Musical comedian Kyle D Evans [@kyledevans] showed us how the Paul Simon song 50 Ways To Leave Your Lover should have progressed, given that there are only about 7 ways that are really listed in the original. So, in keeping with the original song’s style of rhyming a reason for leaving with a person’s name, he rolled off another 43 reasons in the same melody, which was very good.
There was also a lady called Bec Hill [@bechillcomedian], who pretended to have travelled from the future and allowed the audience ask her questions about it, some of which were inevitable and some of which were very random. And there was some stand-up from biologist comedian Simon Watt [@SimonDWatt], who was also good.
But the most important act to mention was the host of the show, Matt Parker (Stand Up Maths). He’s a former maths teacher who now does stand up comedy and public speaking about maths and topics relating to it. And he’s really good. His Youtube videos are well worth checking out, and he was great as the host here. I did very well in maths at school – I took my maths GCSE a year early and got a B for my A-level, and got a 2:1 in my accounting and finance degree at university, plus I like number games and puzzles, so the type of stuff he does is very interesting to me.
He’s about to publish a new book, and at this show, among other things, he told us a few stories about the consequences of errors that people had made. For instance, the mere act of adding 2 cells in a spreadsheet rather than getting their average (i.e. forgetting to divide them by 2) lost a company £2 billion!
But the stories he told of miraculous plane landings were particularly interesting. One involved a pilot being sucked out of the cockpit window due to the glass being incorrectly bolted in place, so it popped out during the fligh! He was left dangling by his legs, and people held on to him until the plane landed, assuming he was dead. But amazingly he survived, and nobody died.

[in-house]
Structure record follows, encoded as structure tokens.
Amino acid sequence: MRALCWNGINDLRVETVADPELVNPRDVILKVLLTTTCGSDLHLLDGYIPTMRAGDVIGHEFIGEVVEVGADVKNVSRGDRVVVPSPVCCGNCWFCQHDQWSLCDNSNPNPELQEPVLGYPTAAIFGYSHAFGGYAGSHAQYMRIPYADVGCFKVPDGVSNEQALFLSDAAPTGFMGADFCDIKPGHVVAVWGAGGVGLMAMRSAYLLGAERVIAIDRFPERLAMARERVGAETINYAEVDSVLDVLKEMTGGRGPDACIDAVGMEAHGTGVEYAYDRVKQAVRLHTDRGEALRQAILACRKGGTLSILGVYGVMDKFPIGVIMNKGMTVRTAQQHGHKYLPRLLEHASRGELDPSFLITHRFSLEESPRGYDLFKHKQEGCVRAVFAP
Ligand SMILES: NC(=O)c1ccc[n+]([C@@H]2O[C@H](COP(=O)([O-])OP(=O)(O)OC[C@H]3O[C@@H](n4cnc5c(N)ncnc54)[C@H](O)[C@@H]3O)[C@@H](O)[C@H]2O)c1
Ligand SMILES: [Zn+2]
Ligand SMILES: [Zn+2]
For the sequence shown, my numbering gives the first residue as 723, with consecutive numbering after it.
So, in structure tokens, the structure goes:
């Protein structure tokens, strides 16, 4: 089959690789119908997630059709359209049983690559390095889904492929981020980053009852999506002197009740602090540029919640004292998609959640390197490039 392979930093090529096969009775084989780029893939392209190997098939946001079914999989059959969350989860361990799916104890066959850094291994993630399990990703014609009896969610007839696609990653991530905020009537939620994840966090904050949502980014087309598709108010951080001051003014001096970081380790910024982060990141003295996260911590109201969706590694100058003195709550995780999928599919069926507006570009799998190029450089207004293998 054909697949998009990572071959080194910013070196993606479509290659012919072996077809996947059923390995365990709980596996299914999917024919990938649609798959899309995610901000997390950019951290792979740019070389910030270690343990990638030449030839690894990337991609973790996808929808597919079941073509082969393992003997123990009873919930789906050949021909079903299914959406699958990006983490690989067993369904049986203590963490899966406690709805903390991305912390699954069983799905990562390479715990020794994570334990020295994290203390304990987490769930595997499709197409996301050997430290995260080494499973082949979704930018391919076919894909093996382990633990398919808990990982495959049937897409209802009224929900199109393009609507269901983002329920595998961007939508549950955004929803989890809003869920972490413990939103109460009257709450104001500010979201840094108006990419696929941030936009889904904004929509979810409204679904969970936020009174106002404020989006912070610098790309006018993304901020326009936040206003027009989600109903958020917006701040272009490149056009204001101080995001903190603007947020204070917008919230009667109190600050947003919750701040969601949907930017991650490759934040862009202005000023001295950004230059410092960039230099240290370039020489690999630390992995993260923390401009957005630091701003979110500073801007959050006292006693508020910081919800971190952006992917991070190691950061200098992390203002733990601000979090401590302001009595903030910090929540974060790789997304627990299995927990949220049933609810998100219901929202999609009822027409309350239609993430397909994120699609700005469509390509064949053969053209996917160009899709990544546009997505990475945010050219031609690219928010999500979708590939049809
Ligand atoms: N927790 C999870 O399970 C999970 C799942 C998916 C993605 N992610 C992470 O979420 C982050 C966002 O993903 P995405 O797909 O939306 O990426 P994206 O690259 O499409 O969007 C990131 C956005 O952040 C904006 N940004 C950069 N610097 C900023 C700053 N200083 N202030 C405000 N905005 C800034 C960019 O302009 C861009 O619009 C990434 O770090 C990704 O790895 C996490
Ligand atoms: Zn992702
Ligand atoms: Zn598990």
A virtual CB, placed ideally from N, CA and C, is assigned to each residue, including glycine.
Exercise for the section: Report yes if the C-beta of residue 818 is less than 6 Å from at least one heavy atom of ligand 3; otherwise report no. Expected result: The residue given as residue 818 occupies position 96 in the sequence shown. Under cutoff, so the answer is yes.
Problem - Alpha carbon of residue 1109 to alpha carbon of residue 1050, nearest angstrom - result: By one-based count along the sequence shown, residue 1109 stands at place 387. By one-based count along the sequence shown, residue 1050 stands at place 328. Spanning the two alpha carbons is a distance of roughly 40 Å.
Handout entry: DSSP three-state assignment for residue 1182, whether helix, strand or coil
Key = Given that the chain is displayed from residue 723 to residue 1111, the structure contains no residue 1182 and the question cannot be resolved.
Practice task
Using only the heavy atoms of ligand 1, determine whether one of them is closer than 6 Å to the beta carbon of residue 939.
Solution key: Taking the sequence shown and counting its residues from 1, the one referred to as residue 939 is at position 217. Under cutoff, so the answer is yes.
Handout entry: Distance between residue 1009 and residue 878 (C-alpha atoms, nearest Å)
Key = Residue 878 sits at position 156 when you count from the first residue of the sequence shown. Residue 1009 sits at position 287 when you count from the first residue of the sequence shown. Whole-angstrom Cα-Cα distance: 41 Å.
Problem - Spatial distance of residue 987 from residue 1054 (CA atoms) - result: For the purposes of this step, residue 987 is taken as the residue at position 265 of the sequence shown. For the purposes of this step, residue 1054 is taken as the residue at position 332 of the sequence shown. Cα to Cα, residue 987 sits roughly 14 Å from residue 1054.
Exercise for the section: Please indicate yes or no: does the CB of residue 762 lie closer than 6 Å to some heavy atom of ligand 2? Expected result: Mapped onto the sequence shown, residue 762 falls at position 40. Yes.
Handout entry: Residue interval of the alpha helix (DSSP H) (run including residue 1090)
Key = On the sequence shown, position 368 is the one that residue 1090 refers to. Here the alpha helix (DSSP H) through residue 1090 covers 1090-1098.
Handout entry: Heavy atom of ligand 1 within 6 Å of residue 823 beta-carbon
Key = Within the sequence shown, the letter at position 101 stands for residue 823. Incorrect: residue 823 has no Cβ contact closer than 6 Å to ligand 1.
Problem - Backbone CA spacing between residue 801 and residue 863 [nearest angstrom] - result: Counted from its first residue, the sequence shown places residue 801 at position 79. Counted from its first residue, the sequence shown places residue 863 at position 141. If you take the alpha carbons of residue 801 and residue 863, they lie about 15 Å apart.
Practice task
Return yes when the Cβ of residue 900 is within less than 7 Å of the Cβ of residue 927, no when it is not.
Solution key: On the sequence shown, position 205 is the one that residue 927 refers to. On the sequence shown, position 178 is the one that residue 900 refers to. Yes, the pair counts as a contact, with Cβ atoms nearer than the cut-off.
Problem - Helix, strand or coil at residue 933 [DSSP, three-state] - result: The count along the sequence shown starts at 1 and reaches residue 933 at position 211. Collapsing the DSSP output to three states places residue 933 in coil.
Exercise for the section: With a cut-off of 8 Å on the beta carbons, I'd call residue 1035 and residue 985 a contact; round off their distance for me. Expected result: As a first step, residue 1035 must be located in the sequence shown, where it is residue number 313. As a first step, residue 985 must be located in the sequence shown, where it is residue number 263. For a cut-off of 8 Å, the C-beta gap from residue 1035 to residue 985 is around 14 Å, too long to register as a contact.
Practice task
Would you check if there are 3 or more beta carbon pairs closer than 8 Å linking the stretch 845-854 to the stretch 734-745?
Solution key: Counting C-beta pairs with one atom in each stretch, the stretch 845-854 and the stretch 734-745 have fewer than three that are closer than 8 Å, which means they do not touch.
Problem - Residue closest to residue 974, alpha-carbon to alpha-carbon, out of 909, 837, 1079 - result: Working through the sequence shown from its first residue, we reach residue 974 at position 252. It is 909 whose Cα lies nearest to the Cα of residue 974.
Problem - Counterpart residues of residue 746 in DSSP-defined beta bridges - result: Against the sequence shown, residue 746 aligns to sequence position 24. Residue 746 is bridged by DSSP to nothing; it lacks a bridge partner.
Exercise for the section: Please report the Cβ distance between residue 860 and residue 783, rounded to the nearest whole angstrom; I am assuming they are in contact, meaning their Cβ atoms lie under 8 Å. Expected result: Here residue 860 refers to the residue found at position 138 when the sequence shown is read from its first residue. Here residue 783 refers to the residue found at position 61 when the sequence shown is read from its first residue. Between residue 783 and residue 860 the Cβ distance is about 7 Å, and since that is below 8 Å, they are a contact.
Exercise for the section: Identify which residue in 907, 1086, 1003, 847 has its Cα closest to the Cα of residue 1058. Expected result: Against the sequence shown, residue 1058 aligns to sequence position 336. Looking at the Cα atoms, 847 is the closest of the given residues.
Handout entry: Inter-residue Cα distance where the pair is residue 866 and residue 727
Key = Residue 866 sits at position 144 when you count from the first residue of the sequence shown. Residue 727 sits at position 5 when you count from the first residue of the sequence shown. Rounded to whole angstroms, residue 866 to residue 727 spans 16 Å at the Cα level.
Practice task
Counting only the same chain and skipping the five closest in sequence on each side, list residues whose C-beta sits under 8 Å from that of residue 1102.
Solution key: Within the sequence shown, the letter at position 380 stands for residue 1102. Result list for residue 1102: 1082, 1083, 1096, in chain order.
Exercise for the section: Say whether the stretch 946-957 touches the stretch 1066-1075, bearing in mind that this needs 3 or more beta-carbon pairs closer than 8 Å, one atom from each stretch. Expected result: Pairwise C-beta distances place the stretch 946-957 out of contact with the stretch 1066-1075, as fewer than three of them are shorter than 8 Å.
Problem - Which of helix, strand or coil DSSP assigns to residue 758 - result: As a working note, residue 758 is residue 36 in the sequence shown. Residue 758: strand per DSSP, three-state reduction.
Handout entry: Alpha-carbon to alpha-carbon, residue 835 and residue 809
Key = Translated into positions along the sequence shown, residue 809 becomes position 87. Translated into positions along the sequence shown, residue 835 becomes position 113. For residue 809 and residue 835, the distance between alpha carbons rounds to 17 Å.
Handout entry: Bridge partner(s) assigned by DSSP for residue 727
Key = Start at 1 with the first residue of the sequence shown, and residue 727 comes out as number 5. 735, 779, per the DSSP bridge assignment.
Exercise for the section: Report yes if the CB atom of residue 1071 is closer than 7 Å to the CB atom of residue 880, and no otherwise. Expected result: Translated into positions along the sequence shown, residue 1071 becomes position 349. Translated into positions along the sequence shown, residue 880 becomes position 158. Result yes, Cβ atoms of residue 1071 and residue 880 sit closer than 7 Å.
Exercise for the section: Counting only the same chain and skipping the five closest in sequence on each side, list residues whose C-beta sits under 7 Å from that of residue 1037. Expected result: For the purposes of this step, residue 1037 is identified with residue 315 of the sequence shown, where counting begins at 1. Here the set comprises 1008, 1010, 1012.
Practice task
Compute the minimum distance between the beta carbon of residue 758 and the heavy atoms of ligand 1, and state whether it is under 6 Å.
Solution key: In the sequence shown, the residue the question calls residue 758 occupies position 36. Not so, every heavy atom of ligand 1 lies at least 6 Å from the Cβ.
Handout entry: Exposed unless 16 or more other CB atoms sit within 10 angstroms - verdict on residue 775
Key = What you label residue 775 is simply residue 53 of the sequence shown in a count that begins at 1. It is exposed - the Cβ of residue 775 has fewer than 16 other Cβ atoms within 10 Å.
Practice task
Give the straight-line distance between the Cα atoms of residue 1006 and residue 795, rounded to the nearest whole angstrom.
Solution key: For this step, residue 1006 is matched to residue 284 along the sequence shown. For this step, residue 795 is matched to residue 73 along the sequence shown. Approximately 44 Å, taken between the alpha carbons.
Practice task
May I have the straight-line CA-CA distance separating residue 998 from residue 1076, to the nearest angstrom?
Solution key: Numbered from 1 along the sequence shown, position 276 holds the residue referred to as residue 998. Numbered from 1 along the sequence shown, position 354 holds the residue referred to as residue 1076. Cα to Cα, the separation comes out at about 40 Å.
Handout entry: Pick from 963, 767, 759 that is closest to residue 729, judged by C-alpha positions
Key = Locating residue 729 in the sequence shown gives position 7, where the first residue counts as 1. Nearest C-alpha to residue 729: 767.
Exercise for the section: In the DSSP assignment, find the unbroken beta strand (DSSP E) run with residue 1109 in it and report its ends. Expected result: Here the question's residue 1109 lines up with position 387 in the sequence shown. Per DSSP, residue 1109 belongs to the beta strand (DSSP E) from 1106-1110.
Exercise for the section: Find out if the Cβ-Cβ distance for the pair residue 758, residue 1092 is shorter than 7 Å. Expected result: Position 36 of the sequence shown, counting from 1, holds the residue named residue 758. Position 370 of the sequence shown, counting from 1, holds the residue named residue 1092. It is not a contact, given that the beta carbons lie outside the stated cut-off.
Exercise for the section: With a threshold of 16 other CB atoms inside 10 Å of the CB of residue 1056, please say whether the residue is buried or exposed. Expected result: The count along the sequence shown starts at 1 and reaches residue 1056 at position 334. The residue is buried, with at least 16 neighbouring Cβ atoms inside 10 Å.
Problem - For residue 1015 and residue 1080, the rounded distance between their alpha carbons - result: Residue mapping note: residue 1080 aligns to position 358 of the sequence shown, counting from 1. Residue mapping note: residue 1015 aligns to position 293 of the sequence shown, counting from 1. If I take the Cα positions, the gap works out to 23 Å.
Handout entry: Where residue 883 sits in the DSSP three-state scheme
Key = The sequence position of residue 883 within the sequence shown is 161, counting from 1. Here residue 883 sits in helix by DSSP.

And the other story involved a Boeing jet that had too little fuel put into it, because they had used the wrong units of measurement, so it ran out 12 miles before its destination. But, fortunately, the pilot was an experienced glider, and incredibly managed to glide the jet into land on quite a short runway, surprising everyone on the go-karting track at the end of it! The plane is now known as the Gimli Glider in homage to the incident.
So it was a great show altogether, very funny throughout, and educational as well. And it’s definitely something I’d be happy to go to again in the future, along with others by Festival Of The Spoken Nerd. Having such a variety of different performers helped to keep things interesting and engaging, and made it very good value for money too. And it’s great that it’s different to the regular stand-up comics you see on TV as well. So I definitely recommend it, especially if you consider yourself a little bit nerdy, but also for anyone who likes comedy in general really, because you get to have a great laugh as well as learning a little bit at the same time. It’s well worth a go.